All COVID-19 Regulations to End on August 13, Government Has Announced
Hon. Philip Davis, Q.C., M.P.
Commonwealth of The Bahamas
Beginning August 14, there will be no requirements for visitors to The Bahamas to have a negative PCR test, no limits on the size of gatherings, and no requirements for masks. These and other health measures are authorized through the Emergency Orders, which the government has said will expire on August 13th, despite rising cases and hospitalizations, a nursing shortage, the circulation of highly transmissible variants, and a public health system that is at capacity.
We have long called for any necessary health regulations to be enacted through legislation in Parliament. But the Minnis government swore for months that the Emergency Orders were necessary and has yet to bring forward any legislation to safeguard the country from COVID-19, and Parliament is not scheduled to reconvene until the end of September.
The government’s reactive, “wait-and-see”, improvisational approach has failed our country again and again. They never plan ahead, and they never learn, even when lives are at stake.
We are urging the government to enact health policy that is driven by facts and by science, not by their perceived short-term political interests.
The PLP COVID-19 Task Force has shared the following ten recommendations:
- Speed vaccinations. Adequate vaccine doses must be immediately sourced. The Competent Authority has not purchased nearly enough vaccine—it has contracted enough doses for only a sixth of the population—and has known for months that COVAX doses would be delayed. Borrowing 5,000 doses from Antigua and Barbuda is not adequate when hundreds of thousands of additional doses are needed. We must access other credible medical supply chains to get FDA-approved vaccines and prioritize sourcing vaccines with the best efficacy against emerging variants. Even with the new COVAX announcement, our country remains hundreds of thousands of doses short; nearly every other Caribbean nation has vaccinated a larger share of their population.
- Prioritize public education. Public education efforts continue to be almost invisible if not non-existent. Admonishing Bahamians to get vaccinated does not qualify as public education; the public’s response to being berated daily speaks for itself. A media campaign and town halls with medical professionals should be organized to address the public’s questions about vaccines and to help Bahamians reduce risk in their daily lives.
- Expand testing and make it free. Widespread and frequent rapid testing remains an important way to stop transmission chains and avoid lockdowns. COVID-19 tests should be free for all Bahamians and rapid antigen testing expanded as a risk mitigation tool.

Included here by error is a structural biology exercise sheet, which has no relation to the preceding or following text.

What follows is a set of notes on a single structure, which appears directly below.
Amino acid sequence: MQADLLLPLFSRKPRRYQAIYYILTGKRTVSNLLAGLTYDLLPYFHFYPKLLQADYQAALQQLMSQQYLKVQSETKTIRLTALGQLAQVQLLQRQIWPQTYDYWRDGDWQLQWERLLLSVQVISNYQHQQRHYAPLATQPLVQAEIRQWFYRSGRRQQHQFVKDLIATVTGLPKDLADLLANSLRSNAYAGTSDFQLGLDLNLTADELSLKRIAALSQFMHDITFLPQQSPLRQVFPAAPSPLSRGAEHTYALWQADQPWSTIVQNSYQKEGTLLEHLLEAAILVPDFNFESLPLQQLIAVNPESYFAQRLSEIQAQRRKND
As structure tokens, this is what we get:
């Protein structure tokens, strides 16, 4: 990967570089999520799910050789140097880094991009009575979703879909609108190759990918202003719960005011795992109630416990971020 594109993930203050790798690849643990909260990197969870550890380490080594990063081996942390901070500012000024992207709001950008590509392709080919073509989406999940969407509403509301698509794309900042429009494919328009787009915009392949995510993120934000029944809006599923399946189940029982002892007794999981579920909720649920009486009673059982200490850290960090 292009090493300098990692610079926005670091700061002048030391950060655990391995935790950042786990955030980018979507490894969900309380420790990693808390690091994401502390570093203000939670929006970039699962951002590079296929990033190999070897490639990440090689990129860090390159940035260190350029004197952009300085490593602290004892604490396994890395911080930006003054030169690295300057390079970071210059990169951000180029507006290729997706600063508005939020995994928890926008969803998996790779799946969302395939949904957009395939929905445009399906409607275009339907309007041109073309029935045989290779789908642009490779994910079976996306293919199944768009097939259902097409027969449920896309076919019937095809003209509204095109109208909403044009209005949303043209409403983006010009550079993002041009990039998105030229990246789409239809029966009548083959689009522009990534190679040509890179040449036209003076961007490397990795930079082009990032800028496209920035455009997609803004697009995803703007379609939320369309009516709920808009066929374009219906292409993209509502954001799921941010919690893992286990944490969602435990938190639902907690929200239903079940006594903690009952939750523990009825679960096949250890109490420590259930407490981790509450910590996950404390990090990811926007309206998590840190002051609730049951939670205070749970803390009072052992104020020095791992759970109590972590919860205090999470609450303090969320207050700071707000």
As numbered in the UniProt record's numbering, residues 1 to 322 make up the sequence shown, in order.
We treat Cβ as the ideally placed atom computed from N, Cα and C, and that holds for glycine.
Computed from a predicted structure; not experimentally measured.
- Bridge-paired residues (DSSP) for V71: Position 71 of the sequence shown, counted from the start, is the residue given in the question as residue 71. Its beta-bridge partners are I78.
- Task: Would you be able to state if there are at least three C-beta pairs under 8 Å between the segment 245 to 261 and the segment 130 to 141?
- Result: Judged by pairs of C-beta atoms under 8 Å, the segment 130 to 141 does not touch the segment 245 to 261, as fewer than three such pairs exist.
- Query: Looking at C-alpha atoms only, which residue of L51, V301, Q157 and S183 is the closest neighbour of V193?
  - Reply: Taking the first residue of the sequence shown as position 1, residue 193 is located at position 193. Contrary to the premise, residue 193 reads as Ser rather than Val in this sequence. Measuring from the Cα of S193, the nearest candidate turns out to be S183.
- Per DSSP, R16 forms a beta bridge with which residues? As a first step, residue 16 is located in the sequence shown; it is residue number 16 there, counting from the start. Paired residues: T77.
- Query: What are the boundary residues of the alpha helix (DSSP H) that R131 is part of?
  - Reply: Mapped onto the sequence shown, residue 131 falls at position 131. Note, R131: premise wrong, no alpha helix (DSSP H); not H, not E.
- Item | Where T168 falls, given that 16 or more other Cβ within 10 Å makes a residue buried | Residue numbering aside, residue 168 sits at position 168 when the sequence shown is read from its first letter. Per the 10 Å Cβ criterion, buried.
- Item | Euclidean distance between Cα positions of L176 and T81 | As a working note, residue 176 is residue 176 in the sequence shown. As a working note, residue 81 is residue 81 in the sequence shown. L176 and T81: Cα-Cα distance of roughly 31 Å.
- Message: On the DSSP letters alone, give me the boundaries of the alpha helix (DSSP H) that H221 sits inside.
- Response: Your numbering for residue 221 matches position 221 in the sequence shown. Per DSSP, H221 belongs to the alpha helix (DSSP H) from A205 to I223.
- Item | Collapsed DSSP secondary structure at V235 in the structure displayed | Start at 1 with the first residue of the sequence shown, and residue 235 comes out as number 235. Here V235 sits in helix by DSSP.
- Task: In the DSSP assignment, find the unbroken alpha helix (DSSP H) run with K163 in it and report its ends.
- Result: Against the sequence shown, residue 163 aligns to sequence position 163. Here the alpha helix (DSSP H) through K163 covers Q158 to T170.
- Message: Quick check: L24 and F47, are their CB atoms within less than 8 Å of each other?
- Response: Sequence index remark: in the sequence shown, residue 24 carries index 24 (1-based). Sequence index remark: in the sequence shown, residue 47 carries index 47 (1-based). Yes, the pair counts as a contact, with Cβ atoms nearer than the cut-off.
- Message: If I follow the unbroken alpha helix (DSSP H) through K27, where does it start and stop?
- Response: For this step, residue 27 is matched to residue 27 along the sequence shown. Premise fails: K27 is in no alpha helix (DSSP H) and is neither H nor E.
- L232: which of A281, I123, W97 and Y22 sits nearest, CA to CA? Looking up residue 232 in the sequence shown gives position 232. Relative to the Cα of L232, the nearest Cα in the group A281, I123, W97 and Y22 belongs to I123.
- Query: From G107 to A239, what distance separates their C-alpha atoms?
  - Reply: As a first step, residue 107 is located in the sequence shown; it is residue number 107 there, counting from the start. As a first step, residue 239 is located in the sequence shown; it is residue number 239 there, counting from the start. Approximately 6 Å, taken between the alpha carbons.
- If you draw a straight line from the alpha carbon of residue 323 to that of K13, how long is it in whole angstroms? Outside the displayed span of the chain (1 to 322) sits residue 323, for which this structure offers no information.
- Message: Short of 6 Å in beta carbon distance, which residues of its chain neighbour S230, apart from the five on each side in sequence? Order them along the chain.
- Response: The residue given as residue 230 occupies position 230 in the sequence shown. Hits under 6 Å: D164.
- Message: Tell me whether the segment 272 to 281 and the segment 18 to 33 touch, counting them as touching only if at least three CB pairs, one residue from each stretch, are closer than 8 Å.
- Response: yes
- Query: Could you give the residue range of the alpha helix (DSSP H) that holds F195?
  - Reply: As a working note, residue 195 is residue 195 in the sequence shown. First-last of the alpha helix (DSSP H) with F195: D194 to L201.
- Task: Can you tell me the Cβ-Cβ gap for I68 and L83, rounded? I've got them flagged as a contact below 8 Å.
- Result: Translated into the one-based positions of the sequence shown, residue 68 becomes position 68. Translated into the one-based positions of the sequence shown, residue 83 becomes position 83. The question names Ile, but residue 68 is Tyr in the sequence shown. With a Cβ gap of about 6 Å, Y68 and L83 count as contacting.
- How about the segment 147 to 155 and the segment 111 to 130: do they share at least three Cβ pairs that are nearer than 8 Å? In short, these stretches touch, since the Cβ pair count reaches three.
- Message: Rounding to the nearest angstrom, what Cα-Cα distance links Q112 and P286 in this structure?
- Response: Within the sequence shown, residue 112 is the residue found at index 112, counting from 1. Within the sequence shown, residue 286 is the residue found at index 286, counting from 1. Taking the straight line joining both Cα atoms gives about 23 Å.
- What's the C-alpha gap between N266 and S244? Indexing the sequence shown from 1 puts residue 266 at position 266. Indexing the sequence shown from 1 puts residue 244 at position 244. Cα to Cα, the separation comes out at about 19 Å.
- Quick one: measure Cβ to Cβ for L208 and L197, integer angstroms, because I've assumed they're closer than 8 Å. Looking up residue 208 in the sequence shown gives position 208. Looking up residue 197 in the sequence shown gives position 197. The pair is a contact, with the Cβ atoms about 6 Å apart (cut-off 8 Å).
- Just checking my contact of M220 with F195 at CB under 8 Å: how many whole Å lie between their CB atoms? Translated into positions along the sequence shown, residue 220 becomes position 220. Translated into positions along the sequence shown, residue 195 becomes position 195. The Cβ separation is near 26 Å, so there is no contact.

- Improve contact tracing. We continue to receive reports that contact tracing is happening too slowly or not at all. This is an important public health tool that has been under-utilized. Primary and secondary contacts should be reached within 24 hours of a patient receiving a positive test result.
- Hire and retain nurses. It is vital that we hire, train, and retain medical professionals; pay them what they are owed; and consult them on how best to manage the pandemic.
- Procure better masks. High-quality masks are needed, especially for those who interact with large numbers of people in the course of their employment and for those whose underlying medical conditions make them susceptible. The government should provide medical-grade masks to frontline workers, including health care professionals and immigration, police, and defence force officers, as well as making a supply available to the general public.
- Improve ventilation. It has been clear for at least a year that COVID-19 is an airborne virus, but the government has provided no technical guidance or support to improve indoor air quality in schools, health care settings, churches, workspaces, and multi-generational homes.
- Isolate. Providing safe, adequate facilities for COVID-19-positive individuals to isolate will protect families and communities. Isolation protocols must be in place for hospitals and clinics.
- Track the science. New studies are published almost daily regarding vaccine efficacy against the Delta variants. The Competent Authority should consult with scientific, medical, and business communities regarding testing requirements for vaccinated travelers and make these consultations transparent.
- Build trust. Pandemic spending must finally be made transparent. The details of hundreds of millions of dollars in spending remain undisclosed to the public. The Competent Authority cannot ask the public to trust its leadership while it violates its own laws.